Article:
Digital Re-print - May | June 2013 Additives for flour standardisation - Part II: Additives other than enzymes Grain & Feed Milling Technology is published six times a year by Perendale Publishers Ltd of the United Kingdom. All data is published in good faith, based on information received, and while every care is taken to prevent inaccuracies, the publishers accept no liability for any errors or omissions or for the consequences of action taken on the basis of information published. ©Copyright 2013 Perendale Publishers Ltd. All rights reserved. No part of this publication may be reproduced in any form or by any means without prior permission of the copyright owner. Printed by Perendale Publishers Ltd. ISSN: 1466-3872 www.gfmt.co.uk FEATURE Additives for flour standardisation - Part II: Additives other than enzymes by Lutz Popper, Mühlenchemie GmbH & Co. KG, Germany T he most commonly used material of 45 ppm), but the dosage tolerance is low, Cysteine to strengthen gluten is ascorbic so even a slight over dosage may result in L-cysteine, a sulfur-containing amino acid acid, also called vitamin C. The bucky doughs and rough bread surfaces. It is found in diverse proteins, breaks down the material itself is originally a reducing rather a flammable material and its usage in food- disulfide bonds between and within gluten than an oxidizing agent, but it is convert- stuff is not permitted in the EU and several molecules and becomes attached to the ed into an oxidative substance, namely other countries. bond forming regions. This prevents gluten dehydroxy ascorbic acid (DHAA), through from getting stiff, and a mobile, flexible but the action of flour enzymes during dough Others still coherent structure is secured. This effect preparation. DHAA basically inactivates Other than the ones stated above, there seems to be the opposite of ascorbic acid’s, the glutathione molecules which break are many oxidative materials and oxidation but actually they seem to complement each down the sulfur bonds between the processes utilized throughout the world. other in some processes. This synergy is gluten molecules (Grosch and Wieser, Chlorination, usage of peroxides, iodates, especially used in frozen dough processes: 1999). With this action, dough mixing persulfates, cystine and oxidative enzymes Ascorbic acid provides the necessary fer- results in sulfur bond protection without are some of these. All of these methods dif- mentation stability whereas cysteine gives excessive breakdown, which in turn leads fer by their effects on flour/dough, and their extensibility to gluten strands which have to dough with desired structure. pace of action. shorten because of freezing. Pure ascorbic acid is added to the flour in Dough relaxation, softening, Others mills at rates of typically 0.5-3 grams per 100 reduction Inactive yeast preparations are rich in kg of flour. This dosage may go up to 6-10 Dough with ‘short gluten’ (low extensibil- reducing material, but their dosage (500 – grams per 100 kg in very weak flours or for ity) is hard to process. In addition to this, gas 5,000 ppm) and price are relatively high, weakening applications like frozen dough. produced during fermentation will not be able as compared to cysteine. Levels of other Ascorbic acid is mainly produced by com- to expand the dough sufficiently and hence reducing agents like sodium metabisulfite plex biochemical processing of glucose and the volume of the end product will be small. and sulfur dioxide which are used as dough sold as powder with different granule sizes. Furthermore, for products like biscuits, crackers softening agents in biscuit and cracker pro- There are also natural sources for ascorbic and wafers, the optimum processing condi- duction are limited to 50 ppm. This amount acid, for instance acerola fruit powder, but tions can be reached when gluten structure is is not sufficient to observe a softening effect these are too expensive compared to the weaker than normal. In these situations, reduc- in strong flours. Furthermore, many coun- synthetic ones. tive materials are used to break the disulfide tries require declaration if the concentration bonds and provide gluten with more flexibility. of residual sulfur dioxide exceeds 10 ppm Potassium bromate Potassium bromate as a strong oxi- Table 1: Suggested emulsifiers with potential use in baking applications dative is still used as flour improver in Common many countries in the world. The very Emulsifier HLB Application and benefit abbreviation long lasting effect of bromate starts later than the effect of ascorbic acid and allows easier processing of the dough. Acetyl esters of monoglycerides AMG 2.5-3.5 Whipped cakes, volume Bromate creates new disulfide bonds Calcium stearoyl lactate CSL 7-9 Bread, shelf-life, volume resulting in more resistant doughs but Diacetyl tartaric esters of monoglycerides DATEM 9.2 Bread, shelf-life, volume it also oxidizes glutathione and hence Ethoxylated mono- and diglycerides High-fibre bread; shelf-life EMG 12-13 prevents gluten weakening, just like (polyglycerates) (combined with monoglycerides) ascorbic acid but without the help of Glycerol monostearate (non self-emulsifying) GMS 3.7 Shelf-life the flour’s enzymes. Glycerol monostearate (self-emulsifying) GMS 5.5 Shelf-life Usage of bromate in flour industry Lecithin LC 3-4 Shelf-life, dough properties is prohibited in the EU and many other Lactyl esters of monoglycerides LMG 3-4 Whipped cakes, volume countries because of the health con- Mono- and diglycerides MDG 2.8-3.8 Bread, cakes, cookies, volume cerns and its unstable/fire-accelerating Polyglycerol ester PGE 12-13 Whipped cakes, volume nature. Propylene glycol monostearate PGMS 1.8 Whipped cakes, co-emulsifier Azodicarbonamide Polysorbate 60 PS 60 14.4 Whipped cakes, co-emulsifier Azodicarbonamide (ADA) is utilized Succinyl monoglyceride SMG 5-7 Yeast leavened baked goods; volume in flour industry because of its oxidative Sorbitane monostearate (e.g. SPAN 60) SMS 4.7-5.9 Whipped cakes, volume action. Its dosage is similar to ascorbic Sodium stearoyl lactate SSL 18-21 Bread, shelf-life, volume acid (with a recommended maximum Sucrose esters SUE 7-13 Bread, cake, volume 12 | may - June 2013 Grain &feed millinG technoloGy FEATURE confirm this percep- less than that of its synthetic counterparts. tion. Other emulsifiers The dosage of lecithin is about 30-150 g per strongly interact with 100 kg of flour (0.03 – 0.15 %). Low dosages the starch delaying ret- increase the processing quality of the dough, rogradation and staling whereas high dosages increase dough stability and thus provide bread and fermentation tolerance, improve crumb with improved and structure and prolong shelf life. prolonged softness and freshness. Some have Mono- and diglycerides potent foaming ability These molecules are formed by breaking- because of their sur- off fatty acids from edible fats and oils. The Figure 1: Effect of reducing agents on the dough consistency face-active nature and forms that are preferred as flour improver are used as whipping are the ones that prevent staling best. This agents for sponge cake property is found in linear saturated fatty acids in the final product. Figure 1 compares the and the like. They ease the mixing of water that interact best with starch, and the most effect of cysteine and inactive yeast on the and fat and hence improve fat dispersion in effective of them all is glycerol monostearate. extensibility and resistance towards exten- bakery products that contain larger amounts of The dosage starts at 0.05 percent and may sion in a standard wheat flour dough. fat, such as biscuits, or in liquid systems such as go up to one percent, especially in high-fat wafer batters. They also decrease the amount products. Emulsifiers of necessary fat, contributing to cholesterol, Emulsifiers are polar molecules that can calorie and cost reduction. Diacetyl tartaric esters of mono- interact with many constituents of Emulsifiers and diglycerides (DATEM) that interact with gluten during mixing process Lecithin DATEMs currently are the most effective strengthen the bonds between protein chains, Lecithin is an emulsifier which has been emulsifiers for bread volume. They are various but they also provide a lubricating effect that used in bakery products for a long time. Once molecules formed by esterification of mono- allows the chains to slide over each other eas- egg yolk was used as the source of lecithin, and diglycerides (obtained from edible oils) ily. They are involved in the stabilisation of the but nowadays concentrated lecithin obtained with mono- and diacetyl tartaric acid. Some gas bubbles in dough by binding to the bound- from soy beans, canola or sunflower seeds of these molecules are more active than the ary layers. As a result, dough elasticity, oven is used. The most obvious benefit of lecithin others (Köhler, 1999), but the effect of the rise and volume increase, and the crumb pore is to lower the stickiness of the dough and mixture is better than any single type of pure size reduces. The bakers will note an increase improve its machinability. Other than this, emulsifier. in the practical water absorption, although the lecithin softens the crumb due to its interac- DATEM is rather used in bread improvers. dough rheological measurements may not tion with starch. But its effect on volume is The optimum dosage is about 400 g per 100 kg, One of these flours has the desired quality. Aqua-Inject and Farinograph®-E can tell which one. The Brabender® Aqua-Inject is the perfect ■ Automated, computer-controlled water dosing addition to the Brabender® Farinograph®-E: ■ Electronically regulated water temperature Together they determine the rheological ■ Utmost reproducible dosing and properties of dough easier, faster and more measurement accuracy accurately. ■ Work without glass burette for more safety Brabender® technology optimises the quality of your raw materials and ensures your success. Brabender® GmbH & Co. KG · www.brabender.com Aqua-Inject_210x148_GB.indd 1 29.05.2013 12:02:25 Grain &feed millinG technoloGy may - June 2013 | 13 FEATURE but much lower dosages are used actually because Bleachers The properties of gluten added from outside of the high prices. We mentioned that the effect Even though customers are getting more are different from those of native gluten. The of lipolytic enzymes is comparable to emulsifiers. and more aware of the fact that darker milled difference that can be observed by determining Recent studies are focused on producing carboxyl flours are richer in vitamin and mineral content, the water absorption and rheological properties, esteerases that may reduce DATEM usage, or bread with a crumb as white as possible is pre- resulting from partial denaturation of the protein replace it completely. ferred in many regions. Bleaching of the carote- during the drying process. Because of this, a noids which give the flour a dark colour, namely proper drying practice is the most important Sodium and calcium stearoyl lutein, can be achieved with oxidative materials. factor in preserving the function of vital gluten. lactylate (SSL and CSL) Some manufacturers do not worry about keep- These emulsifiers are formed by the Soy Flour ing the quality of the protein, because vital gluten esterification of stearic acid with lactic acid. The best-known legal material for this applica- is sometimes still considered as a byproduct of They act like DATEM, with a slightly weaker tion is enzyme-active soy flour. A clearly visible starch production. Using this low quality vital effect on dough stability and baking vol- effect can be achieved at dosages around 0.5 gluten increases the protein content of the flour, ume. On the other hand, they are more percent. There are two types of enzyme-active but does not improve the gluten properties. effective in preserving the crumb softness. soy flour in the market: deoiled and untreated. The water absorption capacity of added vital Furthermore, they are more suitable for The bleaching effect is related to the lipoxygenase gluten is lower than that of native gluten. A ratio bakery products that require a softer crust. enzyme in soybeans. Deoiled soy flour may have of 1.3-1.5 parts of water per one part of vital glu- lost some or all enzyme activity during the proc- ten can often be observed, while this ratio goes Other emulsifiers ess and hence may not be suitable for this pur- up to 2.5-3 parts of water per one part of native Other than the ones stated above, there pose, but nevertheless there are enzyme-active, gluten in flour. Also the structure of vital gluten are many more to be used in high-fiber prod- deoiled soy flours available. On the other hand, becomes shorter because of the drying process. ucts, cake bases etc. The distinctive property untreated soy flour may cause an unwanted bitter Because of this, softer wheat varieties are more among them is the HLB value (Hydophilic- taste because of the enzyme urease. suitable for producing valuable vital gluten. Lipohilic Balance). This value shows if the Because the soy flour’s bleaching effect is The colour of gluten is also an important emulsifier displays a more hydrophilic or due to an enzymatic reaction, the bleaching criterion in the market. Vital gluten mostly has a lipophilic character. Emulsifiers for high bread only starts after contact with water, that is, grayish tone that will also contribute to colour of volume yield rather have an HLB of 7 or during dough mixing. flour. This is not a desired quality though; bright higher, while emulsifiers that improve the shelf white or yellowish tones are preferred in flour life of the crumb softness exert a lower HLB, Powerful oxidatives industry. The colour is affected by the wheat probably because they have to be able to Benzoyl peroxide, potassium bromate and variety, extraction and drying methods. interfere with the non-polar interior of starch their derivatives cause bleaching because of their helices. Table 1 provides a list of common powerful oxidative effects. Added at dosages of Services emulsifiers used in baking applications. 5-10 g per 100 kg, the effect of benzoyl perox- Mühlenchemie’s mission and practical knowl- ide starts during storage of flour and the process edge lie in selecting and combining the individual Acidifiers and acidity regulators is completed in about 1-3 days. These chemicals raw materials described. The optimum composi- With germination, high amounts of amy- pose health risks by undesired residues and tion brings about synergistic effects. Since wheat lase are formed in grain. This enzyme works reaction products remaining in the final food or qualities fluctuate, Mühlenchemie helps mills to like amylase added to the flour, but has at least because of their inflammable, fire-accel- produce flours with consistent baking qualities. a stronger impact on lowering the Falling erating or even explosive nature. Furthermore, The samples of flour sent in by the mills are Number (FN). If there is too much cereal their usage in food is not permitted in the EU subjected to a rheological analysis in the compa- amylase, the baking properties are negatively and in several other countries. ny, and the results are used to develop specific affected and the FN is too low. To restore compounds for each customer. Baking trials are good baking properties, the dough may be Other agents then carried out to test the flour improvers for acidified by natural lactic acid fermentation, The colour lightening effect on crumb experi- functionality before they are offered to the mill resulting in a sour dough. This prevents the enced with the usage of ascorbic acid, emulsifiers as Alphamalt. cereal enzymes from finding the optimum and some enzymes is mostly a physical illusion. Besides customized products, Mühlenchemie conditions and hence their activity decreases. Using these improvers, one can have smaller and offers whole systems. The EMCEbest WA series But the taste and aroma developed during more evenly distributed pores which cast less increases the water absorption capacity of acidification of the dough may not be well shadow and therefore the crumb seems whiter. doughs, and thus the yield, and results in a more received by everyone. Moreover, this proc- Using lipases also may contribute to a bleaching succulent crumb and a longer shelf life. The ess takes a long time. Other than natural effect provided that there is enough of oxygen in EMCEgluten Enhancers can save on vital wheat acidification, agents that are allowed in the dough. The unsaturated fatty acids produced gluten at 1/10 of its usage level, strengthen weak foodstuff, like fruit acids, salts of these acids, by lipase are converted to hydroperoxides by the flours and make it possible to use composite carbonates and phosphates may be used. By flour’s own lipoxygenase, and these molecules in flours. careful adjustment of these, the pH range turn bleach carotenoids. Mühlenchemie offers mills further support in (acidity) of the dough may be altered to a their daily work in the form of seminars, labora- level where the enzymes cannot work opti- Vital wheat gluten tory equipment and technical training courses mally. Most preferred of these additives are Vital wheat gluten is produced by separating and helps with the quality control and improve- the ones that keep the pH value at a desired the water-insoluble proteins of wheat flour from ment of flours on the spot. level regardless of the chemical changes in the starch and soluble materials by a thorough the dough, called buffering agents. A typical washing process with water and drying of the dosage is 50-200 grams per 100 kg of flour. resulting wet gluten. The material obtained via It should be kept in mind that phosphates this process consists of around 80 percent glu- More inforMation: and carbonates add to the ash content of ten plus some remaining starch, lipids and non- Website: www.muehlenchemie.de flour. For sprout-damaged wheat, it is advisable starch carbohydrates (Pomeranz, 1988). When The first part of this article, which dis- to lower the extraction of enzyme-rich outer added to the flour, vital wheat gluten increases cusses enzymes and flour standardisa- layers of the kernels (that is, to decrease the the protein strength. This effect is easily detected tion, is in the March/April 2013 issue milling yield) and produce a whiter flour that with the help of flour analysis equipment like the of Grain and Feed Milling Technology. allows addition of ash-increasing improvers. Alveograph or the Extensograph. It is also online at www.gfmt.co.uk 14 | may - June 2013 Grain &feed millinG technoloGy This digital Re-print is part of the May | June 2013 edition of Grain & Feed Milling Technology magazine. Content from the magazine is available to view free-of-charge, both as a full LINKS online magazine on our website, and as an archive of individual features on the docstoc website. Please click here to view our other publications on www.docstoc.com. May - June 2013 first published in 1891 • See the full issue • Visit the GFMT website In this issue: • Adding value to feed milling with profit-oriented feed • Additives for flour formulation standardisation Part II: Additives other than enzymes • Contact the GFMT Team • ‘Kill step’ • High efficiency validation of elevator low-moisture buckets: extrusion modern vs traditional design • Feed focus • Pest control Poultry • Subscribe to GFMT across the supply chain • Assessing nutritional value with NIR INCORPORATING PORTS, DISTRIBUTION AND FORMULATION A subscription magazine for the global flour & feed milling industries - first published in 1891 To purchase a paper copy of the magazine, or to subscribe to the paper edi- tion please contact our Circulation and Subscriptions Manager on the link adove. INFORMATION FOR ADVERTISERS - CLICK HERE Article reprints All Grain & Feed Milling Tecchnology feature articles can be re-printed as a 4 or 8 page booklets (these have been used as point of sale materials, promotional materials for shows and exhibitions etc). If you are interested in getting this article re-printed please contact the GFMT team for more informa- tion on - Tel: +44 1242 267707 - Email: email@example.com or visit www.gfmt.co.uk/reprints www.gfmt.co.uk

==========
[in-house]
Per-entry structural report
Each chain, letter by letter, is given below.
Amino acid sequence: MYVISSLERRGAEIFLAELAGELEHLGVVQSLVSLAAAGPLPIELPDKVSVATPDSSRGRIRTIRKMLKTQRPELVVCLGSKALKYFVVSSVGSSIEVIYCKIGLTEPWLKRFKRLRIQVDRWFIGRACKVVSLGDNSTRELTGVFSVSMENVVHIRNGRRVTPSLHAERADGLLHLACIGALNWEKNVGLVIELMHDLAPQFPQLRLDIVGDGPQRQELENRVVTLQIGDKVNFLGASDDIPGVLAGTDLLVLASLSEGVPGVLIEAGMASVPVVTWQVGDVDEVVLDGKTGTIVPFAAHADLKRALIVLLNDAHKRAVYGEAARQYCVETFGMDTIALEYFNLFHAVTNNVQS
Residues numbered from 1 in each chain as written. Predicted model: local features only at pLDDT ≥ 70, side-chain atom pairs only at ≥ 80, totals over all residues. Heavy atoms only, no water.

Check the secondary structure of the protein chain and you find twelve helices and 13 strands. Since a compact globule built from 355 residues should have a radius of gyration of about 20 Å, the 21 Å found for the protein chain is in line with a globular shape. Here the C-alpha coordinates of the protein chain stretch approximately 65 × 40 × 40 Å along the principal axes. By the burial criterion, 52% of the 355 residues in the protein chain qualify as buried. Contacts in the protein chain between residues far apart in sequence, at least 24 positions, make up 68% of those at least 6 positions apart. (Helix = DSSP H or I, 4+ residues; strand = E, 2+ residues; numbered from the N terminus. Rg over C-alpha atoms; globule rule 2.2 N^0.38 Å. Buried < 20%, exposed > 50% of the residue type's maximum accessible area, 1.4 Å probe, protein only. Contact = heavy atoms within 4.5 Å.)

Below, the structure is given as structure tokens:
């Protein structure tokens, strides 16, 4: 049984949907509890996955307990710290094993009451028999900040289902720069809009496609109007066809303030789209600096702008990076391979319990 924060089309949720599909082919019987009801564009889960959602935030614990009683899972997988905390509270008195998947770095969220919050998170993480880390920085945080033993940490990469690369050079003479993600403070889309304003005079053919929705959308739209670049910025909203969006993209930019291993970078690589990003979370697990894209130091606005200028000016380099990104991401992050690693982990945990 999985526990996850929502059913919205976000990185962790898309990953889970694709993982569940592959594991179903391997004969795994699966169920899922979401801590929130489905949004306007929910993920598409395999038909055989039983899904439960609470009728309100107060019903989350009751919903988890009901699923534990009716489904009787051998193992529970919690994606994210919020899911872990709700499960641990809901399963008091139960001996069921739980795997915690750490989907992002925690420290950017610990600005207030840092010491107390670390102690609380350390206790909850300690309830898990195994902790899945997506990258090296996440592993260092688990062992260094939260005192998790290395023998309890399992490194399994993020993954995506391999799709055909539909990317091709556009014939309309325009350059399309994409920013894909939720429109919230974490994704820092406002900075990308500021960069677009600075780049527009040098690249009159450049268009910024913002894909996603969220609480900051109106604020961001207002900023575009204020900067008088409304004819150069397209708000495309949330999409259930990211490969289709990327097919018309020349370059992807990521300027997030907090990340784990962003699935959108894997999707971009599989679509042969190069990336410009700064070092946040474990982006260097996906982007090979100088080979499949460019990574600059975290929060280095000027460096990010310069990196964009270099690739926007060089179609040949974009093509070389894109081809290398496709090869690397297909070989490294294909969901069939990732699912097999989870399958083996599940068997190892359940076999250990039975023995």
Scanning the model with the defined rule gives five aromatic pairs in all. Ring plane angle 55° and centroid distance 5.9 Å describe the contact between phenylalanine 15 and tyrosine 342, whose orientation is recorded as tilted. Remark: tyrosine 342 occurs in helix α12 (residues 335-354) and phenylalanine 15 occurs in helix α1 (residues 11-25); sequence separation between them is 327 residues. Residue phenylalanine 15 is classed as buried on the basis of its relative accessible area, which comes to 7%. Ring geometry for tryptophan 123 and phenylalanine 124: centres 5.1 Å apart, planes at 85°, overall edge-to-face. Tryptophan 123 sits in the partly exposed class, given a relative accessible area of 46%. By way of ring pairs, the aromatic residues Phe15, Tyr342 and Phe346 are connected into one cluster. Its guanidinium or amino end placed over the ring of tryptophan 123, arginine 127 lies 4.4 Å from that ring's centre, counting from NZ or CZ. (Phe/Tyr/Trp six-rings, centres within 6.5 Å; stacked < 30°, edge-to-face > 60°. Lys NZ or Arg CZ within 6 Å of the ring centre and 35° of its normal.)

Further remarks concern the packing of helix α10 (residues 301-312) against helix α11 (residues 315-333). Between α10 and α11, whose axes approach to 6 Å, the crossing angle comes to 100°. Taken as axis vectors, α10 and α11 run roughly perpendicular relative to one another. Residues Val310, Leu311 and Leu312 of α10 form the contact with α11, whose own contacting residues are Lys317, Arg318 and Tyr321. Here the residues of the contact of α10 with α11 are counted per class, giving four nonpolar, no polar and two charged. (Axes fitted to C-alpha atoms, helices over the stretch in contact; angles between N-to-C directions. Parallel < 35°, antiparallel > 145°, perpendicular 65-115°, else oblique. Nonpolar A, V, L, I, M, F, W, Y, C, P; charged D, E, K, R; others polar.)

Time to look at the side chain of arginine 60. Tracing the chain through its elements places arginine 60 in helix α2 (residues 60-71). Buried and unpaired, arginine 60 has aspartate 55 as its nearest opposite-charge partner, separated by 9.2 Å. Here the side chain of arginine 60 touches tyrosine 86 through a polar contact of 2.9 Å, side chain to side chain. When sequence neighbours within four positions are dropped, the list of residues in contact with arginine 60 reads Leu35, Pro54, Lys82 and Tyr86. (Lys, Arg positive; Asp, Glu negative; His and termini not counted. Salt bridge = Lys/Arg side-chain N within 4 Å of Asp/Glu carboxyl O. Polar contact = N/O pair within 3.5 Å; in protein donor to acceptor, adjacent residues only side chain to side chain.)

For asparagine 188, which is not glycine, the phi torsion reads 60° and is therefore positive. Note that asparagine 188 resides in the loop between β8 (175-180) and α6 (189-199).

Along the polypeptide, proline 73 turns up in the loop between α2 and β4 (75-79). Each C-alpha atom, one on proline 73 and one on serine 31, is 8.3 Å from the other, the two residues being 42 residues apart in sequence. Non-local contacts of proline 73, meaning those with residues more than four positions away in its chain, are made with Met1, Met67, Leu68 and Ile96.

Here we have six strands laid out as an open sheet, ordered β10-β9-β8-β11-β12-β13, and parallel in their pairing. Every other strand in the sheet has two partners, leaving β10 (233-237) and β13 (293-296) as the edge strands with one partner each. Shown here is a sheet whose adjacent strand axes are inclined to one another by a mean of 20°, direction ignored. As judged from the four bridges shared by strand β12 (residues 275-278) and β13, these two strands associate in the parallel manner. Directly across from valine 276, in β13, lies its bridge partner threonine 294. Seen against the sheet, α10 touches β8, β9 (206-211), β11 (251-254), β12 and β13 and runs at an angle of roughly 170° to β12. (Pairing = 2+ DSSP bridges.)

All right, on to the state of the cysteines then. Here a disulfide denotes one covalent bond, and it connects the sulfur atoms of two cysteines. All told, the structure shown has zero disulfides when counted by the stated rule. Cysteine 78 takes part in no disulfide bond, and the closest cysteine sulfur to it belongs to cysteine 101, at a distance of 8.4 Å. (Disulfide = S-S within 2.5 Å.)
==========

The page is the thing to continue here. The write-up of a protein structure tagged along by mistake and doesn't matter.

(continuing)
Pages to are hidden for
"Additives for flour standardisation - Part II: Additives other than enzymes"Please download to view full document